Zulfiqar was eccentric from the very beginning, rebellious and quarrelsome, an under-achiever in education who was to rise to great heights as a broadcaster. Zulfiqar failed to go to college and graduated in munshi-fazil and adeeb-alim courses. Zulfiqar arose to be Pakistan's greatest broadcaster. He set up the BBC Urdu Service in 1939 and stayed in London through the war years while his family lodged with Ahmed Shah's family. Ahmed Shah must have possessed a consciousness far beyond the level of his immediate surrounding.

After he passed his school with distinction and a scholarship, he preferred to come down to Lahore for graduation. When he arrived in Lahore in 1916, from Islamia College Peshawar, he had only one pair of pants and two shalwars in his suit-case. He began as a Science student but switched to the Arts while in his first year of MSc. He was taken note of by Lahore's Civil & Military Gazette when he became editor of the college magazine The Ravi in 1919 and produced a special number on an old GC teacher, Dr Stephenson. In 1922, he took his MA in English after just one year's study and stood first, after which he was appointed lecturer at the College. This was his creative period. His bilingual excellence is owed to his intensive translation of great books and plays from English to Urdu. He was tall and blue-eyed, had a razor-sharp mind, an equally sharp tongue, and a keenness to go forward in life. Before leaving for Cambridge in 1925 for his Tripos, he left behind in The Ravi some of the most trenchant pieces of prose in English and Urdu written under the pen-name 'Patras', a Persian adaptation of an Arabic rendering of 'Peter'. He first used it as 'Petronius' in The Civil & Military Gazette of Lahore.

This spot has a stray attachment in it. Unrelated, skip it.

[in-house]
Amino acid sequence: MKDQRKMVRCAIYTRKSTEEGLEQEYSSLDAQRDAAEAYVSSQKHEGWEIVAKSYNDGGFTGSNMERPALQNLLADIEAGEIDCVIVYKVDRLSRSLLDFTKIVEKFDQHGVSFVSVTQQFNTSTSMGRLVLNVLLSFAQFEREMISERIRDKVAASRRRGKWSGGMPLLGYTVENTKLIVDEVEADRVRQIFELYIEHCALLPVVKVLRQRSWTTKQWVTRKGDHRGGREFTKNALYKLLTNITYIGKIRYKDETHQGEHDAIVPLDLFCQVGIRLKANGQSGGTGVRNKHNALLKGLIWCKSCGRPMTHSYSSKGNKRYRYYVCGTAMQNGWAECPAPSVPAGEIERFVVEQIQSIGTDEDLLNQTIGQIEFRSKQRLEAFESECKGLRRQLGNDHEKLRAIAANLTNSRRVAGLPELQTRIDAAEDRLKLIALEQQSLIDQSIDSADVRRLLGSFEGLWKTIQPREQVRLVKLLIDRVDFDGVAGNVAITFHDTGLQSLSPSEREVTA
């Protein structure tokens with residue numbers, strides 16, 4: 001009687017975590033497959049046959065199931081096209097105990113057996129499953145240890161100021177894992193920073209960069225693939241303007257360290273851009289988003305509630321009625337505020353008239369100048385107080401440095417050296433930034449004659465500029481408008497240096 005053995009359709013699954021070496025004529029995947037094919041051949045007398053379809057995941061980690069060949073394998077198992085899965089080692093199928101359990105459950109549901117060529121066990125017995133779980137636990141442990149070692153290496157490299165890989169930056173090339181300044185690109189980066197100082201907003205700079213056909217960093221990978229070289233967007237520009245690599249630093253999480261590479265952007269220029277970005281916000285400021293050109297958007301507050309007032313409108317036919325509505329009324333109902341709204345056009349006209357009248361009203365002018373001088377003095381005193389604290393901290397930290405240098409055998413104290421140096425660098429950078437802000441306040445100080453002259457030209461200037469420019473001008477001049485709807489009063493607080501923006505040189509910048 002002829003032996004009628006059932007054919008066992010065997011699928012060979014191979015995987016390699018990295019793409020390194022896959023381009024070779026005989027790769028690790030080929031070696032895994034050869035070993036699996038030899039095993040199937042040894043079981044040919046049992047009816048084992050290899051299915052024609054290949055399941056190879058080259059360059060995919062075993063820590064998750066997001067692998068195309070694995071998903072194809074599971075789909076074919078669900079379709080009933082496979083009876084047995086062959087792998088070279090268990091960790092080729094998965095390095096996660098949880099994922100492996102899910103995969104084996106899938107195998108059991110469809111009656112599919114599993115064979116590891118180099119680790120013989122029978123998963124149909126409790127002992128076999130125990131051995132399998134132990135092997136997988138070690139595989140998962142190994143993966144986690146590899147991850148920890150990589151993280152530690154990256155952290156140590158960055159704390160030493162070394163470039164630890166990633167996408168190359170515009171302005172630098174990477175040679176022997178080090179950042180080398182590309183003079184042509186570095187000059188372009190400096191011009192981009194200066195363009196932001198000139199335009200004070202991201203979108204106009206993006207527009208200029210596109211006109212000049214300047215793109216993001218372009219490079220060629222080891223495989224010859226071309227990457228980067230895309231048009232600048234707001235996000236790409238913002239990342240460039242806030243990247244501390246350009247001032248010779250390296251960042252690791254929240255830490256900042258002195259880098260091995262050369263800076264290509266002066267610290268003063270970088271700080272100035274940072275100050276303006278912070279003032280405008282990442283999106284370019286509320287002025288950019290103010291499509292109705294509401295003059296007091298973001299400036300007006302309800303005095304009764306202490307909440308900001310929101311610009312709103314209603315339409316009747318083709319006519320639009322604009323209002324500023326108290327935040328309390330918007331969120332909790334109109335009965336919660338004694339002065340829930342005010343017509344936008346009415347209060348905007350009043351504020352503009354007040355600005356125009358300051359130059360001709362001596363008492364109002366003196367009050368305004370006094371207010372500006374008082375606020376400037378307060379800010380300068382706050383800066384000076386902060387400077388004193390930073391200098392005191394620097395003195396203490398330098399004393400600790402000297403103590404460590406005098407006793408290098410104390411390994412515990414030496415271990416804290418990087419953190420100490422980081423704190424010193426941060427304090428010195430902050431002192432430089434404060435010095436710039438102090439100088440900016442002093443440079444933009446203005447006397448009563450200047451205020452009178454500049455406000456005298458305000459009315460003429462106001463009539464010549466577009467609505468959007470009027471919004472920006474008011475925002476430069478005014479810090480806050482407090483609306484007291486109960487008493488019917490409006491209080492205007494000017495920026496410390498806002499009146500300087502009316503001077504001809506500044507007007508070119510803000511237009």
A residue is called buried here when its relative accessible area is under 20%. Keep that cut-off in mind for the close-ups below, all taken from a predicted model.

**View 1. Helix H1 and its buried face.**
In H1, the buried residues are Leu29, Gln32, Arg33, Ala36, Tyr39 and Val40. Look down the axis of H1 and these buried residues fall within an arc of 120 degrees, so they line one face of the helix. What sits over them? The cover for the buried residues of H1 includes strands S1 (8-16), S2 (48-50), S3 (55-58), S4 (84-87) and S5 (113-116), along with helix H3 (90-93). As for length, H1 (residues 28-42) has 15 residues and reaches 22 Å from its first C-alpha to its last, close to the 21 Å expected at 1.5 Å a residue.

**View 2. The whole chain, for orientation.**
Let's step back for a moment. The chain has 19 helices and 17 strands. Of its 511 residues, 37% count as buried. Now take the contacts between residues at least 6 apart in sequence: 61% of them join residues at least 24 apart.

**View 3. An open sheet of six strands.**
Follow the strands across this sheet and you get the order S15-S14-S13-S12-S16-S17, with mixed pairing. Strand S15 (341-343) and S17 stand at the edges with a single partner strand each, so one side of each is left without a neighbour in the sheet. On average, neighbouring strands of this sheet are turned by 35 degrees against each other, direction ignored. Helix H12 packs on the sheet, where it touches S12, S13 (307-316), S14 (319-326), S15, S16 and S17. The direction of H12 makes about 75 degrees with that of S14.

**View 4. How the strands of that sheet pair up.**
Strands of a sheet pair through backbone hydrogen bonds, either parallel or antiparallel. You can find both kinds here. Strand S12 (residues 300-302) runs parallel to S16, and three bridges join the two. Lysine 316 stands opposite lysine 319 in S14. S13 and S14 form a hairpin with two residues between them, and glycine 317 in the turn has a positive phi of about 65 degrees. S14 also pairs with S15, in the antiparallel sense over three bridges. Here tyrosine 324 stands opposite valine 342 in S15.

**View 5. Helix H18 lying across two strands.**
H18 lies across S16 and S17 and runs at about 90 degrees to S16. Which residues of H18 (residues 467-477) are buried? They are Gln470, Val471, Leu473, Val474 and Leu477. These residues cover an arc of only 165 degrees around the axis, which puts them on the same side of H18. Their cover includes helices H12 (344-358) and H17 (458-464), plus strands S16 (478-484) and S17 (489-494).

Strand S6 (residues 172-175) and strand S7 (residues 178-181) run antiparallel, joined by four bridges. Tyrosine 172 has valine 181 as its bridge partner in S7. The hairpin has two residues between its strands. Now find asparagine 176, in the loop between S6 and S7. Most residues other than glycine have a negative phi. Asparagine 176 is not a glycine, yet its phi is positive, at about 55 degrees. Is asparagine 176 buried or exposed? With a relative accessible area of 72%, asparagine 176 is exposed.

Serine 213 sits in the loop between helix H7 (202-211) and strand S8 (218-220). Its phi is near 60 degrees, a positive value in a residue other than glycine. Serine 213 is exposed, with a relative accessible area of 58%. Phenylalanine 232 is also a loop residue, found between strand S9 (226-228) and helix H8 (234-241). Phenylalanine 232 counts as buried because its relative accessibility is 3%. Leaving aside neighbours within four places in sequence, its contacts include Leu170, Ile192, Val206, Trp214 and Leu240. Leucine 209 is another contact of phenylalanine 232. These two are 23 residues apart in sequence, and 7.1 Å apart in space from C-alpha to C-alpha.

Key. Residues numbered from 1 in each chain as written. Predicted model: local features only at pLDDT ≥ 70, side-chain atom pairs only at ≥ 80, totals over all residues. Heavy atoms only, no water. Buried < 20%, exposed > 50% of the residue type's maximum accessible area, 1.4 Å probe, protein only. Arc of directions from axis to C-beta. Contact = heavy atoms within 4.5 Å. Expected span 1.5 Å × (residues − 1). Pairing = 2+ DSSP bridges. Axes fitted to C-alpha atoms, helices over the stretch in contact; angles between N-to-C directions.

He returned from Cambridge in 1927 with a first class first, a rare distinction, whereafter he taught English at Government College Lahore for the next ten years. In Cambridge, he was a close friend of the great critic F.R. Leavis. He had met Bertrand Russel, whose book he had translated into Urdu back in Lahore, and spent some time with him at the Isle of Wight. He must have put off a lot of people accustomed to progressing at a slow pace in life. To some, he definitely came across as an opportunist, which may be a mistaken impression. He was entertaining in conversation, quick on the uptake, witty and articulate. His friends often compared him to Sarojini Naidu who was a friend and somewhat of a match.

Ahmed Shah had married in 1923 when he was a teacher at Government College Lahore under principal G.D. Sondhi. Four years later, in 1927, he published his famous essays under the pen-name of Patras. His wife, Zubeida, was a Kashmiri, a Punjabi-speaking Wanchoo, daughter of a superintendent of police. They had three children: Mansoor, Haroon and Roshan Ara.

In 1939, he was appointed Deputy Director-General of All-India Radio and shifted to Delhi where his home became a kind of salon for the intellectuals of India. His son Haroon Bokhari, disrupting his studies at St Anthony's School at Lahore, went to Delhi when he was ten. He resumed at St Stephen's College where his school-mate was Zia-ul-Haq from Jullundhar, later to become the military dictator of Pakistan. His class-mates at St Stephen's were Birjees Hassan Khan, Zahoor Azar, Iqbal Khan and Gulzar Ahmad Khan - all were to serve in high offices in Pakistan after 1947. Ahmed Shah 'Patras' Bokhari ran All-India Radio from 1939 to 1947. Among the frequent guests at their home were: Aruna Asif Ali, Sarojini Naidu, Abul Kalam Azad, Jawaharlal Nehru, Zakir Husain, Somnath Chib (ASB's childhood friend), Meha Masani (later DG, All-India Radio), Majeed Malik, and Faiz Ahmad Faiz. It was at his Delhi home that Haroon first saw Ayub Khan, Pakistan's future military dictator. He called as a junior officer, a major, returning from war and stayed a few days. Later, Ayub Khan, climbing fast on the ladder of power in Pakistan, refused to acknowledge that he had ever stayed in Ahmad Shah's house. When he met Haroon in East Pakistan, he pretended that he had only 'heard of Ahmed Shah Bokhari'.